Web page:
'Journey from Asthma to Emphysema'
Last of the Four-Part Series

Vijai P. Sharma, Ph.D., psychologist

If you have asthma and/or are at risk for COPD, please review these tips closely:

  • Know your numbers
  • Minimize exposure to allergens and irritants
  • Manage your emotions
  • Train your breath

Know your numbers! There is a popular mantra in the patient advocacy groups, "Test your lungs and know your numbers! We know the numbers for air needed in our car tires but we don't know the numbers of our own "inflatable tires (lungs)" on which our body runs. Ask your doctor for spirometry, if you have not had any. " Know your numbers particularly for FEV1 (Forced expiratory volume for the first second) and FEV 25-75%, which would be your forced expiratory volume between 1 and second to 4 and seconds for a 6-second test. When you find out these numbers write them down and track them for life in order to monitor your lung function. If your numbers are 80% or below compared to the average person of your age, ask for a Pulmonary Function Test (PFT) which will provide more detailed information about your lung function.

Minimize exposure to allergens and irritants! As COPD advances, lungs become more hypersensitive and people tend to develop new allergies that did not bother them earlier. However, if you had asthma to begin with, with or without COPD, you already have more than your fair share of allergies and irritants which might be causing lung inflammation and triggering asthma attacks. For this reason, asthma education classes list the common asthma triggers and encourage patients to identify their own unique asthma triggers.

I prefer the term "allergens and irritants" over "asthma triggers." A trigger is more likely to be viewed as something that would bring on an asthma attack or aggravate asthmatic symptom such as chest tightness, wheezing or shortness of breath. But there could be other chemical, environmental, occupational or food-related allergens or irritants that could aggravate already existing symptoms or make you more vulnerable to respiratory infections. Repeated exposure to those over time could further compromise your lung function and hasten the progress of the disease.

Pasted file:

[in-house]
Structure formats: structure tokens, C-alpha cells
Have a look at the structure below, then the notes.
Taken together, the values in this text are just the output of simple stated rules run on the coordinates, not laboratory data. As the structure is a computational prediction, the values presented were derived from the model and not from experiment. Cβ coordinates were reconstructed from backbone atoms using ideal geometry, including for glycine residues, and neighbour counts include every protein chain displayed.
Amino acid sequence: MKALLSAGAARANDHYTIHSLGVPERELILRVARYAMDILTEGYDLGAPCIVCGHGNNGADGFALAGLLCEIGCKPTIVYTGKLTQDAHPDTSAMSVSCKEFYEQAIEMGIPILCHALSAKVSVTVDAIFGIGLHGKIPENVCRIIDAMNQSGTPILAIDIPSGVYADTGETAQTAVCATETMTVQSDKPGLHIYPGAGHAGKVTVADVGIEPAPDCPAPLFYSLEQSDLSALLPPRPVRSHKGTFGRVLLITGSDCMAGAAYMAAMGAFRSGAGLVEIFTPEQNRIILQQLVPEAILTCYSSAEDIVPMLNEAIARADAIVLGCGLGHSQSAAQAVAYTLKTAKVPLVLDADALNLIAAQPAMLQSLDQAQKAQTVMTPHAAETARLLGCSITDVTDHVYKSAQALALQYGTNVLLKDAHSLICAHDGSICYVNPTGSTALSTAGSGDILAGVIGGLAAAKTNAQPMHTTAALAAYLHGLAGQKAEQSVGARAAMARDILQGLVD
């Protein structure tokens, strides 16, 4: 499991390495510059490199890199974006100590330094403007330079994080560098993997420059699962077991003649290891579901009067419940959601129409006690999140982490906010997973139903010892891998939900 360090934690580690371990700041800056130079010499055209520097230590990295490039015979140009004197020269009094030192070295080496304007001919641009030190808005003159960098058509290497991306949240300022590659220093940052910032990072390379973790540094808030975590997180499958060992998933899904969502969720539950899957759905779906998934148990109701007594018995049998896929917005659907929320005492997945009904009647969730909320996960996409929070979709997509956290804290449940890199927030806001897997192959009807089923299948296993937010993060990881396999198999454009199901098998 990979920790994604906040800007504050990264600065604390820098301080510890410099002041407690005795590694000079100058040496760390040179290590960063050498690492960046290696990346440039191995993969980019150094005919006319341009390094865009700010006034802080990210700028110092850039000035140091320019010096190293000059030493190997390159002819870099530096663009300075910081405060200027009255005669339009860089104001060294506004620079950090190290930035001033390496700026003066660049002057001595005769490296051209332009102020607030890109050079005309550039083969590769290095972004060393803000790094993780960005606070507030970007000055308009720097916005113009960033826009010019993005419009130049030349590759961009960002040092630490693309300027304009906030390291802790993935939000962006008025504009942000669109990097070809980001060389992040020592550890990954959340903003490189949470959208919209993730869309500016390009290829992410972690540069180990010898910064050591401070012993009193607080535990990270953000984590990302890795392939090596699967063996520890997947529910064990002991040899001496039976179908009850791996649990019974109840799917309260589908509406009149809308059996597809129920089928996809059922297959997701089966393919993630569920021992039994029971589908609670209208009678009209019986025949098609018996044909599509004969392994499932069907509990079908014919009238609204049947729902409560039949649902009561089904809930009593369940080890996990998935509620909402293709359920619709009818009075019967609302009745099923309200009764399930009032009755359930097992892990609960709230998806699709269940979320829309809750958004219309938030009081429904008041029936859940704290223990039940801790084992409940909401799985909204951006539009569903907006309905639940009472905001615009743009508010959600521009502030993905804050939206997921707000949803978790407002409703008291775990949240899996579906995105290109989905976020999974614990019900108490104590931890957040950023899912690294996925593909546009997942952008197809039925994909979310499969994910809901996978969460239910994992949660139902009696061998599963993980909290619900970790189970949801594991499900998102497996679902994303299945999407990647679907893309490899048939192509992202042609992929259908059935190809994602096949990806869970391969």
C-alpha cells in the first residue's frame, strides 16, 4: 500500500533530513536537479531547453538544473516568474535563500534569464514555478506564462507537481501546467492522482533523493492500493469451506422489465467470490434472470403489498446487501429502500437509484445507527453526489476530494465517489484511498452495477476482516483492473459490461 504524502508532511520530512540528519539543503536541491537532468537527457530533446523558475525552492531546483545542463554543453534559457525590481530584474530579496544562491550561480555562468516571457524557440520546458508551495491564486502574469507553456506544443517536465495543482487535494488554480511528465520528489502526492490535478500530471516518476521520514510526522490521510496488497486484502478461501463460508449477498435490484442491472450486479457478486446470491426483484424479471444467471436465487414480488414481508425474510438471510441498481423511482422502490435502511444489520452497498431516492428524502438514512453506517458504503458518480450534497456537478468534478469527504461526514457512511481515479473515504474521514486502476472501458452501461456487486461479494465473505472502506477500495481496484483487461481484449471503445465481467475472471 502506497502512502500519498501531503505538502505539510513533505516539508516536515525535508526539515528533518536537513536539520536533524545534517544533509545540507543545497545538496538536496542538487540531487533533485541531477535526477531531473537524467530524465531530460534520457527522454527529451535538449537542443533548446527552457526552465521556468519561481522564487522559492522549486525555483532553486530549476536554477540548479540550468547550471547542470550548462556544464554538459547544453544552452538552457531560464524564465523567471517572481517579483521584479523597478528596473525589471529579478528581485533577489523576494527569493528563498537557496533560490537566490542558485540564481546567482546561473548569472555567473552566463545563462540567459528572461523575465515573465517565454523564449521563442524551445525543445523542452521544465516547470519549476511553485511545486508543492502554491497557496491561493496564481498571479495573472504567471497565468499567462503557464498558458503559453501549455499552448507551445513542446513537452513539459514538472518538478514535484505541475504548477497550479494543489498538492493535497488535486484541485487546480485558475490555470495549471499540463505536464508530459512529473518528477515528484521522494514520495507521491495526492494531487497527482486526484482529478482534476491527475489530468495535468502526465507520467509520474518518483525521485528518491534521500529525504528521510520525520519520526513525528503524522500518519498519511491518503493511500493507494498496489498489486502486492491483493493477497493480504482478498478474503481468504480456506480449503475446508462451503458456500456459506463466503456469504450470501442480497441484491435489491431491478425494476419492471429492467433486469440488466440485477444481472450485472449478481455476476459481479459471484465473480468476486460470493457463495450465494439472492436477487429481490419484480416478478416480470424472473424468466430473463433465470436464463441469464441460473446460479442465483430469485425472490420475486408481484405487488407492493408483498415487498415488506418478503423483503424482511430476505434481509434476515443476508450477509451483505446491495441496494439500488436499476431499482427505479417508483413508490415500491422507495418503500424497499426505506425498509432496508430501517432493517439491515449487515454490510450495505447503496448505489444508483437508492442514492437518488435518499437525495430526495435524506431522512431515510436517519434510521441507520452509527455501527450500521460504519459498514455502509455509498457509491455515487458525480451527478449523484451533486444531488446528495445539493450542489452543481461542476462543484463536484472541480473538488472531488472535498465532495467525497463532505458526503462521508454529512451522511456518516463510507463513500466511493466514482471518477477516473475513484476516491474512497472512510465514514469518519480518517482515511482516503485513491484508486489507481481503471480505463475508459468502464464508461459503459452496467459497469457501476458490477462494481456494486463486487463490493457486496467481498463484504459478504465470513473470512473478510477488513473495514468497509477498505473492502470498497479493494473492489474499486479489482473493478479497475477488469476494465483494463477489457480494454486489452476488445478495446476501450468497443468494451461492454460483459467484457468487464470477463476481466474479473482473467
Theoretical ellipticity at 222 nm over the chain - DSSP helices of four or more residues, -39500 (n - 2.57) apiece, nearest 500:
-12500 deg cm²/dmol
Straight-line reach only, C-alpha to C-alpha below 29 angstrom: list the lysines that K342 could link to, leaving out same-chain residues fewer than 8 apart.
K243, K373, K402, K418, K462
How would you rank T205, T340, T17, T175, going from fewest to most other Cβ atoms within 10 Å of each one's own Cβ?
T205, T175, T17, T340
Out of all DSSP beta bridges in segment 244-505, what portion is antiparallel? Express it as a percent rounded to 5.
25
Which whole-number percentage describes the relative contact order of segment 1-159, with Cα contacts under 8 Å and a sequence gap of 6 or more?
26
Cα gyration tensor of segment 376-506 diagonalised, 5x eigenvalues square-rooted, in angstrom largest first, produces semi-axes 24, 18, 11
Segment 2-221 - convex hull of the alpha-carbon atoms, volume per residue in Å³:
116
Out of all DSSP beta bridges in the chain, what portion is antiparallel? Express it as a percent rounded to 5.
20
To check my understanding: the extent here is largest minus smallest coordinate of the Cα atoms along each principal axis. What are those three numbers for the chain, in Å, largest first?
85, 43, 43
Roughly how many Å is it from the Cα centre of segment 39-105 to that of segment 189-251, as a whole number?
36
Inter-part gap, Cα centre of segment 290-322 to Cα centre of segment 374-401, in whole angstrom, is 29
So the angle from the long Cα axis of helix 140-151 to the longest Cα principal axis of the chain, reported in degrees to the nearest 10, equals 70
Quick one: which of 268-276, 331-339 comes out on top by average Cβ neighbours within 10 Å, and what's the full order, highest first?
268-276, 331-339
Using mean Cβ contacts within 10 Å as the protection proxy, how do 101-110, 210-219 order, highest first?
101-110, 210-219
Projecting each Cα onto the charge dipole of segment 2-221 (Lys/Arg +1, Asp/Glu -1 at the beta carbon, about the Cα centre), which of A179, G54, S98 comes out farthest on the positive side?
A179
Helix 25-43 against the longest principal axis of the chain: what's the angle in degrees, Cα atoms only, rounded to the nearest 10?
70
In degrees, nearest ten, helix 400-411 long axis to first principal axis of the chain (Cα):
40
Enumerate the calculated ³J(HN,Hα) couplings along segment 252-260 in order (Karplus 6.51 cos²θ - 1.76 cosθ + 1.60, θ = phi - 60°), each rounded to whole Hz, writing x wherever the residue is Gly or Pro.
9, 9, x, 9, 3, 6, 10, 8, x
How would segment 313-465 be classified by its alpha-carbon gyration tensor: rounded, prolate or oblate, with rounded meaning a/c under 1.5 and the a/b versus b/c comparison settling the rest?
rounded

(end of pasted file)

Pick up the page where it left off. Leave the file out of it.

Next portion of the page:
We all know about allergens such as pollen, chemical-noxious agents, tobacco smoke including second hand smoking, indoor pollution, unhealthy work environment, viral infections, etc. Lesser known is the fact that natural events such as cold air, heat, high winds, rain or sudden change in the weather or temperature can irritate your respiratory system on an ongoing basis. It is best to minimize exposure to such irritants. Furthermore, take extreme caution against tobacco smoke and alcohol because in addition to their well-known harmful effects, they might also be causing allergies or irritation to your lungs.

Manage your emotions! All emotions affect our breathing. Association between the emotional problems such as anxiety, panic attacks or depression and lung diseases such as the asthma and COPD is strong. High emotional suffering can contribute to the disease progression and complicate the treatment and rehabilitation. Don't hesitate to seek help; it's the smart thing to do.

Train your breath! Develop breath awareness. Be mindful of your breath. Do breath-meditation by simply observing your incoming and outgoing breath for a few minutes at a time. Follow my breath mantra, "Slow your breathing! Lengthen your exhalation!"

* Use www.mindpub.com search engine for "relaxation, breathing, stress management, anxiety, panic attacks, meditation and other terms used here.



Return to 'Journey from Asthma to Emphysema' Part 1 
Return to Adult Asthma 
Return to COPD 

Copyright 2009, Mind Publications 
Posted April 2009
 

 

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